VAN HORN, Texas (NASA PR) — Blue Origin successfully launched its New Shepard reusable space vehicle on Dec. 12 carrying a medical technology that could potentially treat chest trauma in a space environment.
The New Shepard reusable vertical takeoff and vertical landing space vehicle was launched with the experimental technology from Blue Origin’s West Texas launch site. In addition to NASA funding non-government researchers to fly payloads, Blue Origin is a Flight Opportunities program launch provider for government payloads. The Flight Opportunities program, is managed under NASA’s Space Technology Mission Directorate (STMD).
Video Caption: Footage taken from onboard cameras. Full mission recap:
New Shepard flew again for the seventh time on Dec. 12, 2017, from Blue Origin’s West Texas Launch Site. Known as Mission 7 (M7), the mission featured the next-generation booster and the first flight of Crew Capsule 2.0. Crew Capsule 2.0 features large windows, measuring 2.4 feet wide, 3.6 feet tall. M7 also included 12 commercial, research and education payloads onboard. Crew Capsule 2.0 reached an apogee of 322,405 feet AGL/326,075 feet MSL (98.27 kilometers AGL/99.39 kilometers MSL). The booster reached an apogee of 322,032 feet AGL/325,702 feet MSL (98.16 kilometers AGL/99.27 kilometers MSL).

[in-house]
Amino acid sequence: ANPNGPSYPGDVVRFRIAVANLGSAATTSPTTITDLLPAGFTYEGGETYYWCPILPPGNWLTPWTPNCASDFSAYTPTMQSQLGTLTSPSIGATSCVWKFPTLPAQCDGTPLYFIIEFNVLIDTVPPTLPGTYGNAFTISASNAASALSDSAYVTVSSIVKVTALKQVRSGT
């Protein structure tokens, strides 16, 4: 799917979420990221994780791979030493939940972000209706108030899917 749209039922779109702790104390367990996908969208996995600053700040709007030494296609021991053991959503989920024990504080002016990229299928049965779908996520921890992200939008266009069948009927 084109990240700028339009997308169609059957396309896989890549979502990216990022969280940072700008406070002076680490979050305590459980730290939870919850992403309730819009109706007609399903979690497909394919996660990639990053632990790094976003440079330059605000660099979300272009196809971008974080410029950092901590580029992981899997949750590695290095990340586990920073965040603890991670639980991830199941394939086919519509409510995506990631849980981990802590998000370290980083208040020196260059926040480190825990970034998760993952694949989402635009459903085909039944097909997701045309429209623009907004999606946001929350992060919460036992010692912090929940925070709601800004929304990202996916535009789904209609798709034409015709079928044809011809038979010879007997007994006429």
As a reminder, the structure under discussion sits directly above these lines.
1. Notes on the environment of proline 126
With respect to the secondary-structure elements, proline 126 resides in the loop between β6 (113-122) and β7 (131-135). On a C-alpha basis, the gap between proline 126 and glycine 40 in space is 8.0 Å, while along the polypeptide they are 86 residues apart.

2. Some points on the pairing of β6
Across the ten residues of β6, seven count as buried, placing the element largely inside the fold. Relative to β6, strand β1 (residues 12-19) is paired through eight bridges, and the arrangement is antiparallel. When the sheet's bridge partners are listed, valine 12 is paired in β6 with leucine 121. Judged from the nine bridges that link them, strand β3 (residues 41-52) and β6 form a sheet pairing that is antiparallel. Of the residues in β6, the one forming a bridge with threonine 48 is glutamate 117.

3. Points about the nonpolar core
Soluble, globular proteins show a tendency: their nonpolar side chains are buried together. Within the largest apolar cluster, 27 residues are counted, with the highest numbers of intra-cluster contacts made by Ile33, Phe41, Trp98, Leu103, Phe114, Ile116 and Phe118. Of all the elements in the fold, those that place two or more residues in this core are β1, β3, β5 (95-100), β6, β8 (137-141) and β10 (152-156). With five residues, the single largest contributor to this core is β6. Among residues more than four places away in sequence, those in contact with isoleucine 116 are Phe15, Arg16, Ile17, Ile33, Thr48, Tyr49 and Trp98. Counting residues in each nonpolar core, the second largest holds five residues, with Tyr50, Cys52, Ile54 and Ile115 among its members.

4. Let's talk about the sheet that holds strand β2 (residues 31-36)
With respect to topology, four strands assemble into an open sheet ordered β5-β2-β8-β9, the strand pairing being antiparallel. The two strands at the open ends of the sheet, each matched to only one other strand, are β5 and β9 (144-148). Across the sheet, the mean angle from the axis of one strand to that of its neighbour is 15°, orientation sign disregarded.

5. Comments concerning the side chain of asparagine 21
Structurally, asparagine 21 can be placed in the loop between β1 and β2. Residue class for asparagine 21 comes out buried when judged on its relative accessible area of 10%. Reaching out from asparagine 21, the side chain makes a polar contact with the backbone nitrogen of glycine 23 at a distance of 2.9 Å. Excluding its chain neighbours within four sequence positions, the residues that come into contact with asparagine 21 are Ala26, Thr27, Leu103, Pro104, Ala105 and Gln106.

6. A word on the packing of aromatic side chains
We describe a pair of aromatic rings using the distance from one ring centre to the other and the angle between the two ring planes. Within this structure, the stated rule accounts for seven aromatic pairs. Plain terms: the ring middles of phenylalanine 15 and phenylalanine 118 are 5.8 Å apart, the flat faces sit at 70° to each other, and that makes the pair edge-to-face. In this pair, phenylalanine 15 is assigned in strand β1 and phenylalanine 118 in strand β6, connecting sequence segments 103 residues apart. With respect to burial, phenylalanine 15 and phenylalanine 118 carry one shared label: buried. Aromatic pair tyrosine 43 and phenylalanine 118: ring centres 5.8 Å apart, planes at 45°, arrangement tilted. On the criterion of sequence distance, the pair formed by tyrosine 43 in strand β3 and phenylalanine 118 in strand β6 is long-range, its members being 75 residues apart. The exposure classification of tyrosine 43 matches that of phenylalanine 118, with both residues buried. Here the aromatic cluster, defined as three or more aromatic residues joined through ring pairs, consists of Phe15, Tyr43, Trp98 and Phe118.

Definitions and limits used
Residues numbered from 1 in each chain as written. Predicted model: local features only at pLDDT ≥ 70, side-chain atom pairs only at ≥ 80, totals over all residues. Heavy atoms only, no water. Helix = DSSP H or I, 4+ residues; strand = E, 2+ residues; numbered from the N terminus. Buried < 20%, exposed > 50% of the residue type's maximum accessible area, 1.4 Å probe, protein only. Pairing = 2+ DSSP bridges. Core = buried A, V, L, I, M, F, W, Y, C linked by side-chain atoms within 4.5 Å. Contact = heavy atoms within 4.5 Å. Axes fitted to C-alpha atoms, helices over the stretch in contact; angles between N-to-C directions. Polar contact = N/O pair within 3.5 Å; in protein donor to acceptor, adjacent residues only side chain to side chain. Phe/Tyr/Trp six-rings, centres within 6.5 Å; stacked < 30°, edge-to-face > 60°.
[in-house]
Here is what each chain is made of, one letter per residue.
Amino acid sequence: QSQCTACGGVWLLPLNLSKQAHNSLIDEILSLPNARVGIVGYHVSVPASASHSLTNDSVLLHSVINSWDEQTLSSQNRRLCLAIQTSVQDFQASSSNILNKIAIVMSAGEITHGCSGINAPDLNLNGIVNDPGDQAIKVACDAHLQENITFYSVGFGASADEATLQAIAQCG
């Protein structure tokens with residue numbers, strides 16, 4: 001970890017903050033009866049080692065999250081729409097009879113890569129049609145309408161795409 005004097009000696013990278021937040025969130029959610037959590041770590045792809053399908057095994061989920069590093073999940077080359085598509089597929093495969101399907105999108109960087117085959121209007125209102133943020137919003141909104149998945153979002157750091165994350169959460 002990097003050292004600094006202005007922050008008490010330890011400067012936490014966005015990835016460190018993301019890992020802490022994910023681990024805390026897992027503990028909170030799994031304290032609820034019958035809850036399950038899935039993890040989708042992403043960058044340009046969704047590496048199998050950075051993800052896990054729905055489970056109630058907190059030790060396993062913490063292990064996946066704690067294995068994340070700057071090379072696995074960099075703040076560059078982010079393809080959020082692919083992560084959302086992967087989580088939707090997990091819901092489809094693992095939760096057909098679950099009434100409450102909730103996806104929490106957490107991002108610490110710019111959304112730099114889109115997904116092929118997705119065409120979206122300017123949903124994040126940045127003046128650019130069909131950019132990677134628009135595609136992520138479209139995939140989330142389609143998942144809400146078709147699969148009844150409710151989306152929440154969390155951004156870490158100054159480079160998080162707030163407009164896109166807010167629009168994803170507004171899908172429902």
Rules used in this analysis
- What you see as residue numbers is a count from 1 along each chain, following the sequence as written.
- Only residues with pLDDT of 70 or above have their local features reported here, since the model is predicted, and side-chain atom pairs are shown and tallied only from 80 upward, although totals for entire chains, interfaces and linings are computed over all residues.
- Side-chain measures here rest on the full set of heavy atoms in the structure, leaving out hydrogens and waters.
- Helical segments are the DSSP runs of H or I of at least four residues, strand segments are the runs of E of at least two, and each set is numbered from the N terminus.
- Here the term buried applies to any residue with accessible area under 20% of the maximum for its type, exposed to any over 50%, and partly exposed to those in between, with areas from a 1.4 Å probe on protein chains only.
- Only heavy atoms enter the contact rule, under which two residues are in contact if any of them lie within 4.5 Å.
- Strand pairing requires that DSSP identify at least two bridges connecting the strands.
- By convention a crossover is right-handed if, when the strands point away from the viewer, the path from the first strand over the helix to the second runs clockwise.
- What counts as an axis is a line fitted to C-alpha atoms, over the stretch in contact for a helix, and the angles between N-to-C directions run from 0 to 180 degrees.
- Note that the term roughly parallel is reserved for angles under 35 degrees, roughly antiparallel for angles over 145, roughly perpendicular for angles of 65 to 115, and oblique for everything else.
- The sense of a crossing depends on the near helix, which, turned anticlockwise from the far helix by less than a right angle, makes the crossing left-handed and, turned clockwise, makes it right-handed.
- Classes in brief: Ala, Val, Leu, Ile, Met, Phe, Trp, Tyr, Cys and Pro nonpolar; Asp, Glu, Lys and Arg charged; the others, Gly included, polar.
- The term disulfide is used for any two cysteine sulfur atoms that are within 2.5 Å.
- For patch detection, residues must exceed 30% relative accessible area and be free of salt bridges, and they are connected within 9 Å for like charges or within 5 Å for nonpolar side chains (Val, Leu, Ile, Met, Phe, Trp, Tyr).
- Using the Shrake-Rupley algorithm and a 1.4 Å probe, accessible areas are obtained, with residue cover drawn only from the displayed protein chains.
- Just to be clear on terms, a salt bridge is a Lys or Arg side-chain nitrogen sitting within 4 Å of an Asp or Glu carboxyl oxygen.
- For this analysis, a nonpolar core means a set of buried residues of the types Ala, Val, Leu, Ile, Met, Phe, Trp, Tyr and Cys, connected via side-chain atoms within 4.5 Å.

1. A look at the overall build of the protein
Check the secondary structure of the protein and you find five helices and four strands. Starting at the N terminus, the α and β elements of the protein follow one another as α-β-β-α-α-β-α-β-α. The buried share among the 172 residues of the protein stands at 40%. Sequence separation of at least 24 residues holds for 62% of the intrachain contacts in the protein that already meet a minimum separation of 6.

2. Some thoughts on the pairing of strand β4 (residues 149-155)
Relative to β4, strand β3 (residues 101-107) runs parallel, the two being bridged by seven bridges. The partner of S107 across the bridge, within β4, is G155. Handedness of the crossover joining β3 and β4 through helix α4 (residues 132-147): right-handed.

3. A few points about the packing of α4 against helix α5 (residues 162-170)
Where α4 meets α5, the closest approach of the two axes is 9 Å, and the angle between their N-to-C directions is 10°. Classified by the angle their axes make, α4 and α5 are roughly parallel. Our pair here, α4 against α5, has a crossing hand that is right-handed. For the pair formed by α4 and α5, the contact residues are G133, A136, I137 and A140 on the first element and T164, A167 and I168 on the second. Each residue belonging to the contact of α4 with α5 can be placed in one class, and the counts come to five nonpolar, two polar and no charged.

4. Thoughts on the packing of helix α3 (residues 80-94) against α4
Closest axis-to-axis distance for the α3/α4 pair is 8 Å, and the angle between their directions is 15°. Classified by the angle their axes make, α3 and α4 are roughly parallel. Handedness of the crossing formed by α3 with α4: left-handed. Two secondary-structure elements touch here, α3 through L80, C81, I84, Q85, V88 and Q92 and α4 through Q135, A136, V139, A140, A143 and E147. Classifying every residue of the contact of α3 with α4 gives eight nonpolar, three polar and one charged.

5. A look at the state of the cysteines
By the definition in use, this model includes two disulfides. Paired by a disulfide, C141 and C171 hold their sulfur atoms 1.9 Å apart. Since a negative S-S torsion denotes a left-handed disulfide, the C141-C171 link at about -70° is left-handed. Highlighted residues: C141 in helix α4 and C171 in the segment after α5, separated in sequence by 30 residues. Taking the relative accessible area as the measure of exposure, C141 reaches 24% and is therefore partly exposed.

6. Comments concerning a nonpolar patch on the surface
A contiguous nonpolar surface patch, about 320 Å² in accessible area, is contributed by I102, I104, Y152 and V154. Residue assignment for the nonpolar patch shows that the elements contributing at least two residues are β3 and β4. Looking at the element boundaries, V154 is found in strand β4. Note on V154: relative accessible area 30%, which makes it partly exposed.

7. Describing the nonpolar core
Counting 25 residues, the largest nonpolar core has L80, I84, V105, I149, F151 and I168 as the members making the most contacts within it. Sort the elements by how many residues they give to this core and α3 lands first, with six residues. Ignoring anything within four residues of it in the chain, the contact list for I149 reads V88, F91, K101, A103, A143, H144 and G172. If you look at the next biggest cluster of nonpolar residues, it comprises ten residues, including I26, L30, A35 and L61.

Embry-Riddle experiments in space could help with cancer treatment
DAYTONA BEACH, Fla. (Embry-Riddle PR) — For less than four minutes at the edge of space, T-cells from mice in an Embry-Riddle Aeronautical University experiment in partnership with the University of Texas Health Science Center and the Medical University of South Carolina were exposed to microgravity onboard a successful Blue Origin launch in the hope of one day finding new treatments for cancer.
The payload from Embry-Riddle’s Daytona Beach Campus flew Dec. 12 on Blue Origin’s New Shepard space vehicle to assess how microgravity impacts the cellular processes of T-cells or T-lymphocytes, which develop from stem cells in the bone marrow and are key to the immune system.
Blue Origin’s New Shepard flight included an instrumented test dummy dubbed Mannequin Skywalker — a nod to the Star Wars moving coming out this week and a prelude to tests with human occupants that could begin next year.
VAN HORN, Texas, December 8, 2017 (NanoRacks PR)– NanoRacks is pleased to have taken part in yet another successful Blue Origin New Shepard space vehicle mission. This morning marked New Shepard’s 7th flight, and the third flight in which NanoRacks has managed customer payload integration. (more…)
New Shepard Mission 7 Test Flight Mission Fact Sheet
New Shepard flew again for the seventh time on Dec. 12, 2017, from Blue Origin’s West Texas Launch Site. Known as Mission 7 (M7), the mission featured the next-generation booster and the first flight of Crew Capsule 2.0.
Crew Capsule 2.0 features large windows, measuring 2.4 feet wide, 3.6 feet tall.
M7 also included 12 commercial, research and education payloads onboard.
M7 Mission Details
Launch time: 10:59 a.m. CST
o 322,032 feet (AGL) (98.16 kilometers)
325,702 feet (MSL) (99.27 kilometers)
Crew Capsule 2.0 Apogee
322,405 feet (AGL) (98.27 kilometers)
326,075 feet (MSL) (99.39 kilometers)
Maximum ascent velocity: Mach 2.94
Booster maximum descent velocity: Mach 3.74
Booster re-ignition: 3,716 feet (AGL)
Controlled vertical landing of Booster: 6.75 mph
Deployment of Crew Capsule 2.0 drogue parachutes: 6,463 feet (AGL)
Landing of Crew Capsule 2.0 under parachutes: 11:10 a.m. CST
Total mission elapsed time: 10 minutes and 6 seconds